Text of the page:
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It is said that helium is lighter than air. What does that exactly mean ?

If it is lighter than air,then there should be absolutely no trace of helium in earth's atmosphere(it should have flown into the space)

Yet it is one of the most abundant element on earth ?

How is this stored ?. If the balloons filled with helium rise in the air, why don't the helium storage tanks/vehicles rise ?

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    $\begingroup$ the force that makes Helium to rise up is described using this equation: $F=\rho_{air}(h)gV_{helium} - mg$ (its called Archimedes Principle) where $\rho_air$ is air density which depends on height, $g$ is gravitational acceleration $m$ is mass of helium (or helium + container in which it is) $V_{helium}$ is volume of helium (container volume too). notice that Air density gets lower and lower as height increases until it reaches the point where it's zero $\rho gV=mg$ (or even $\rho gV<mg$) and because of that it can't go up. (if it's in container then $mg$ is larger so it wont go up) $\endgroup$ – Gigi Butbaia Apr 26 '14 at 9:20
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    $\begingroup$ Helium is not unique in this. Diatomic hydrogen gas is also "lighter than air" and a candidate for use as a lifting gas. There are, however, certain added risks. $\endgroup$ – dmckee Apr 27 '14 at 0:20
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It is said that helium is lighter than air. What does that exactly mean?

It means that the same volume of helium gas has a lower mass than the same volume of air.

If it is lighter than air,then there should be absolutely no trace of helium in earth's atmosphere(it should have flown into the space)

Well, the gravity of earth affects Helium, too, so there should still be some helium left. More importantly, helium is constantly produced by the alpha decay of radioactive substances.

But it is true that Helium is negligible in the atmosphere, only 5 ppm of the air are Helium.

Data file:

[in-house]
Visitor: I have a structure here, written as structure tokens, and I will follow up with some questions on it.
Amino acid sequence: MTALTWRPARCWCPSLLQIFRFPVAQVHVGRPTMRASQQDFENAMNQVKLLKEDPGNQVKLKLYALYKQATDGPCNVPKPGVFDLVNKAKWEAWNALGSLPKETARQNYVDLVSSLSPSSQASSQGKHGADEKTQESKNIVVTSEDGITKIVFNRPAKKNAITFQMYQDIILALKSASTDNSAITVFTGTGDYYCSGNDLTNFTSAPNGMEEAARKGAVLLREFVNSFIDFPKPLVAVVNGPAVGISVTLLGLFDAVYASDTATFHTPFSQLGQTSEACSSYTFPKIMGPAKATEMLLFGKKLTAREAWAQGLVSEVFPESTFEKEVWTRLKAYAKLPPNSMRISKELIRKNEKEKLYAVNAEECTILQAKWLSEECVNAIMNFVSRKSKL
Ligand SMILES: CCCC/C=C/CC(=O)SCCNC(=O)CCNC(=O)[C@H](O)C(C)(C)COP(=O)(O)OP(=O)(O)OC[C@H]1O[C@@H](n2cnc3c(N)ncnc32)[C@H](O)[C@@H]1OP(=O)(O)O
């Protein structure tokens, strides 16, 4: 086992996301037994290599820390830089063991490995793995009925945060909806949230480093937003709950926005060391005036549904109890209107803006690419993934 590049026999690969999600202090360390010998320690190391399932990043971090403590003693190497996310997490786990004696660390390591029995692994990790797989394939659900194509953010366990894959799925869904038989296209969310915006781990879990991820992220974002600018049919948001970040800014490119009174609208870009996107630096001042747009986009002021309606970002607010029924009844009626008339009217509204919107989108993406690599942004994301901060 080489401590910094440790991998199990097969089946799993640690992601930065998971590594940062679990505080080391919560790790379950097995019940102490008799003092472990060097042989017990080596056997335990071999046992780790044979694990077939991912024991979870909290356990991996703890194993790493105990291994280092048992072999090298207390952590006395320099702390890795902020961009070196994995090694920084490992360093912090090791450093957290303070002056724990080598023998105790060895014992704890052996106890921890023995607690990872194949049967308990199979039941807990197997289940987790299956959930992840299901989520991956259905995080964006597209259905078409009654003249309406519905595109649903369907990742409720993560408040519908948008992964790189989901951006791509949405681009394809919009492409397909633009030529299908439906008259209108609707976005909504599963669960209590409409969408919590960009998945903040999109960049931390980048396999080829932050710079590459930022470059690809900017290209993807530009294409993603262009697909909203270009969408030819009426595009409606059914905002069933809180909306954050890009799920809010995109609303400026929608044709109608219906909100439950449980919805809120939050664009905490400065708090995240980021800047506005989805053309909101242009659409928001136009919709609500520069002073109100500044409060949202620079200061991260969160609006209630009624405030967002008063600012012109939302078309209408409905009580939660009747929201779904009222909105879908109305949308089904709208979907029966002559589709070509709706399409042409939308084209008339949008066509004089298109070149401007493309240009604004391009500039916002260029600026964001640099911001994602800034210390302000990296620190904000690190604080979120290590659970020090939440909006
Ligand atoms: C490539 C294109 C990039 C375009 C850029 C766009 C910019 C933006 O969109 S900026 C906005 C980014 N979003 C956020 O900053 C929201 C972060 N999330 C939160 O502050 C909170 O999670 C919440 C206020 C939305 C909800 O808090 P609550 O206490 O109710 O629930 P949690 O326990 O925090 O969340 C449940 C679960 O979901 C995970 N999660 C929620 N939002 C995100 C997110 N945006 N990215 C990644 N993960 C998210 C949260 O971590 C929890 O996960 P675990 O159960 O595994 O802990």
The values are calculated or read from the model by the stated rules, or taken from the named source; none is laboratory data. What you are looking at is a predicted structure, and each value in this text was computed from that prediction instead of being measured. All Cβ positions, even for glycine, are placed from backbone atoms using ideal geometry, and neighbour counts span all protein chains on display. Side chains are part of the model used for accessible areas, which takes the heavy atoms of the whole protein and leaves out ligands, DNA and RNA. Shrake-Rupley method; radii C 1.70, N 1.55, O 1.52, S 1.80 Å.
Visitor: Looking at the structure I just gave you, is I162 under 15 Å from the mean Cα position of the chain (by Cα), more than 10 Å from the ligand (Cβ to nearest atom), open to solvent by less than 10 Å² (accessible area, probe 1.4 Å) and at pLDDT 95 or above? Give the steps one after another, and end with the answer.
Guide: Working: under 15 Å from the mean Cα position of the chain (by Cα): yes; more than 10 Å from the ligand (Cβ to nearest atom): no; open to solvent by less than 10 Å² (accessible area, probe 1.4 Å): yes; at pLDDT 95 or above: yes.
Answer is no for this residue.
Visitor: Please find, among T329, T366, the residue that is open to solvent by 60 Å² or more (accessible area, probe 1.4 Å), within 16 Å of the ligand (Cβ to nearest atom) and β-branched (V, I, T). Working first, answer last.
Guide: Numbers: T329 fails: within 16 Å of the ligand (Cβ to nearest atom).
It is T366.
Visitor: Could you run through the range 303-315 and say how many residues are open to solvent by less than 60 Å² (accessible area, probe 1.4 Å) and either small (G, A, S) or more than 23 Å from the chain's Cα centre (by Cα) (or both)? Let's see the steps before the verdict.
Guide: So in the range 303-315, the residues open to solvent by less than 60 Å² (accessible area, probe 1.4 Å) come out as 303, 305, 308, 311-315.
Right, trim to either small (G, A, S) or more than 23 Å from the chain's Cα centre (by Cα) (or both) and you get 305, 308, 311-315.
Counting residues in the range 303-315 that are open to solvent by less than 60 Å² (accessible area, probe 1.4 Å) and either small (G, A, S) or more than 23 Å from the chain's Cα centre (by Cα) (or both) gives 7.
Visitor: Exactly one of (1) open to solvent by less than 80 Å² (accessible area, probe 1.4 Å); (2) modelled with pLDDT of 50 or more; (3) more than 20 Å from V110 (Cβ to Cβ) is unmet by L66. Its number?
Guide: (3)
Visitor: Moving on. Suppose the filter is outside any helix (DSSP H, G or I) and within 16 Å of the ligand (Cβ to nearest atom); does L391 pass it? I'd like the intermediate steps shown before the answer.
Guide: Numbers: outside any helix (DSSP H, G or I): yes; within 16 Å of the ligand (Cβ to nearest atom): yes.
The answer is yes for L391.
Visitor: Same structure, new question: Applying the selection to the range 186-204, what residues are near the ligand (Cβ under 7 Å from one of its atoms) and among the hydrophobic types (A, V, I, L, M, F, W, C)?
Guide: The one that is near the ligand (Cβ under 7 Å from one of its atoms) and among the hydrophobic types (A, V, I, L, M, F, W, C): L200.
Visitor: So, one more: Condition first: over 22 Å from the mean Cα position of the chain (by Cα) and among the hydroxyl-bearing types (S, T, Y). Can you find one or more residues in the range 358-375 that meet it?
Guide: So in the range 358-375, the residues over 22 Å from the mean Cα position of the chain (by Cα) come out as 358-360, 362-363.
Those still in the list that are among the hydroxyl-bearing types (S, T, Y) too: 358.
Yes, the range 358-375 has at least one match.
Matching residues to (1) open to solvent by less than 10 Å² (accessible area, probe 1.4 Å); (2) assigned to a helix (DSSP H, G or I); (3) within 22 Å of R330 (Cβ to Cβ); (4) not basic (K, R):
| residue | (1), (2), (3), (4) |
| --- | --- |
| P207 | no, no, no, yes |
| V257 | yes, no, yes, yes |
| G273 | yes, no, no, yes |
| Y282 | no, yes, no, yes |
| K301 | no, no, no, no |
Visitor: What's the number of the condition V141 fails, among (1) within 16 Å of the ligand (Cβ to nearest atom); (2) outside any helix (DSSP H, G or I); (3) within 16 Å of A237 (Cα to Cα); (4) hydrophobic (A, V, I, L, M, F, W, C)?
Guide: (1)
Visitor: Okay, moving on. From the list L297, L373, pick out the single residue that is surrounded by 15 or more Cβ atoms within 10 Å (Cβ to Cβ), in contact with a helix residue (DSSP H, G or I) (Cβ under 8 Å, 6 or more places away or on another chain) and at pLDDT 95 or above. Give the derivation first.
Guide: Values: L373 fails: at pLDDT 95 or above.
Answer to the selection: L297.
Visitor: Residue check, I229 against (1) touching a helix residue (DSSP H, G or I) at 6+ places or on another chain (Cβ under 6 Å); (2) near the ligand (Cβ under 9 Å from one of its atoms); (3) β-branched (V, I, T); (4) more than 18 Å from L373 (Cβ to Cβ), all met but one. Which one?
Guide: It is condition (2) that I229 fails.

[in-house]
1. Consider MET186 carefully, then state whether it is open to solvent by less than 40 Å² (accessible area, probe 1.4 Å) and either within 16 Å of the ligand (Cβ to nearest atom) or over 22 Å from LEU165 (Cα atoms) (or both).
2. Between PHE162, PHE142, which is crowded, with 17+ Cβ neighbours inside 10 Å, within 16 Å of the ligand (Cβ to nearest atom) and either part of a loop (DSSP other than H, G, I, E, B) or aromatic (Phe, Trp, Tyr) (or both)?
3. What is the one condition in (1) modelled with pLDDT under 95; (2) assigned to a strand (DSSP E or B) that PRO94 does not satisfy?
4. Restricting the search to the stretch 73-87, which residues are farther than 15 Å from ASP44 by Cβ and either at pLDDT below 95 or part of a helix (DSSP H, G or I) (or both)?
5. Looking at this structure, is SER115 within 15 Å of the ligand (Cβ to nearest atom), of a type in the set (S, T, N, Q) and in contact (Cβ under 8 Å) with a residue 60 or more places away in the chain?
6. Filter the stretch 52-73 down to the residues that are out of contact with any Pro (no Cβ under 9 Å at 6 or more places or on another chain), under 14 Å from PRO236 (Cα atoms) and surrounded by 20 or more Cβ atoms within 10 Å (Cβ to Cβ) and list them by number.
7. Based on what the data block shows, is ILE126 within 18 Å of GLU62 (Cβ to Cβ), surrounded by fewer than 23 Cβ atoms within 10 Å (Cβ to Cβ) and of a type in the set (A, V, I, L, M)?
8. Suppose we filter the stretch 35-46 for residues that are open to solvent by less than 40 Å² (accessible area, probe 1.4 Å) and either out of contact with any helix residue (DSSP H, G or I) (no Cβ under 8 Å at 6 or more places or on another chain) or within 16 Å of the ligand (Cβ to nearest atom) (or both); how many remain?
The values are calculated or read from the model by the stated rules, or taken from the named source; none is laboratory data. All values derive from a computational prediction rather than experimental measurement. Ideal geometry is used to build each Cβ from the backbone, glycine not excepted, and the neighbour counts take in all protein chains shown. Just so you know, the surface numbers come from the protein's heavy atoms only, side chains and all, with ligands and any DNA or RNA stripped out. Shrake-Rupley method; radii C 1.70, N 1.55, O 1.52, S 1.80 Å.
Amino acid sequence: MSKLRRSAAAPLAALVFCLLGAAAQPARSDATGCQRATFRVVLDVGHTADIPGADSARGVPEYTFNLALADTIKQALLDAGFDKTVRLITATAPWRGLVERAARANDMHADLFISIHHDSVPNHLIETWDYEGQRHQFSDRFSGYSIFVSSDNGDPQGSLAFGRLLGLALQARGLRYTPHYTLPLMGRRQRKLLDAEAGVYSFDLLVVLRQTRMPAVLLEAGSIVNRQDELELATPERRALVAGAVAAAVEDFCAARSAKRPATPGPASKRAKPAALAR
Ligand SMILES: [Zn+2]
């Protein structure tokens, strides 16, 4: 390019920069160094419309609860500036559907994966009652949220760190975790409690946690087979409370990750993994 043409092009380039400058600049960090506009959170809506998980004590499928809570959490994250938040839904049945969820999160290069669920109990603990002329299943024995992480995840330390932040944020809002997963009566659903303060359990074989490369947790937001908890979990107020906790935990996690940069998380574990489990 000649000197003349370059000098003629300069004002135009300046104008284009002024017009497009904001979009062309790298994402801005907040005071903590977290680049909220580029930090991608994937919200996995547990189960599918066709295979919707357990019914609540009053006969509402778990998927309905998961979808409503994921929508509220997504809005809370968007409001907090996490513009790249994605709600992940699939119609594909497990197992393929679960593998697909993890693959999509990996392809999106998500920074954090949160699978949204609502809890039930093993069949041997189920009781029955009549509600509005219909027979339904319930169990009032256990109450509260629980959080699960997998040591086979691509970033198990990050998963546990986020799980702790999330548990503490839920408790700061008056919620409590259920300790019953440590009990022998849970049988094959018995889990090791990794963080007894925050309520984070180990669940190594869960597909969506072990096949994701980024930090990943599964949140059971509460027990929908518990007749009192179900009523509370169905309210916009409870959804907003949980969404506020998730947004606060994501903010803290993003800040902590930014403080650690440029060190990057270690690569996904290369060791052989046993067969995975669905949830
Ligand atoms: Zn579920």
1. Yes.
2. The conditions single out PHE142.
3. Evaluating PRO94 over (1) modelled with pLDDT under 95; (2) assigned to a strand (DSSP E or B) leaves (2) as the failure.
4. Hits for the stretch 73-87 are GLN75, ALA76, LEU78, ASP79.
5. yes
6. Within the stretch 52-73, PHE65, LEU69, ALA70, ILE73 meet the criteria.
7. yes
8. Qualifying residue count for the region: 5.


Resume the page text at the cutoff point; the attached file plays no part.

Yet it is one of the most abundant element on earth?

No, it isn't.

How is this stored? If the balloons filled with helium rise in the air, why don't the helium storage tanks/vehicles rise?

The Helium we exploit is stored under the earth at the same places where also natural gas is stored. It doesn't evade for the same reason why the natural gas doesn't evade: Because it is trapped in the rocks. There's a considerable amount there because it had millions of years to accumulate (recall that it is constantly produced by radioactive decay).

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Yet it is one of the most abundant element on earth ?

It is one of the most abundant elements in the universe, perhaps this is what you are thinking of.

How is this stored ?.

In large quantities it is stored underground in natural wells when the gas or oil has been removed. If the rocks were impervious (airtight) enough to hold natural gas for millions of years they will hold helium. Some will escape, because Helium is so small and so chemically inert it does tend to leak through other materials.

If the balloons filled with helium rise in the air, why don't the helium storage tanks/vehicles rise ?

Helium floats because it is lighter than air. So for every cubic meter of Helium you get a lifting force equal to the difference in weight of air and helium. Since Hair only weighs about 1kg / m3 the most that 1m3 could lift is 1 kg. To get any lift you need a very large volume with a very thin walled tank made of very light material = an airship.

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Yes, Helium is one of the only elements with escape velocity, meaning that once released into the atmosphere, it escapes into space.

In the earth's atmosphere, the concentration of helium by volume is only 5.2 parts per million, it is rare.

Most helium on Earth is a result of radioactive decay. In the heterosphere, a part of the upper atmosphere, helium and other lighter gases are said to be "floating" above the heavy elements.

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    $\begingroup$ "is one of the only elements with escape velocity" Is too strongly stated. All the constituents of the upper atmosphere have some chance of reaching escape speed and are therefore bleeding slowing into space. It is just that the rate is suppressed exponentially in mass so that it is happening enormously more slowly for other gasses than for hydrogen and helium. $\endgroup$ – dmckee Apr 27 '14 at 0:22
  • $\begingroup$ @dmckee: Yeah, you might be right. Once released into the atmosphere, I meant from the surface of earth, not from the upper atmosphere. $\endgroup$ – Immortal Player Apr 27 '14 at 4:49

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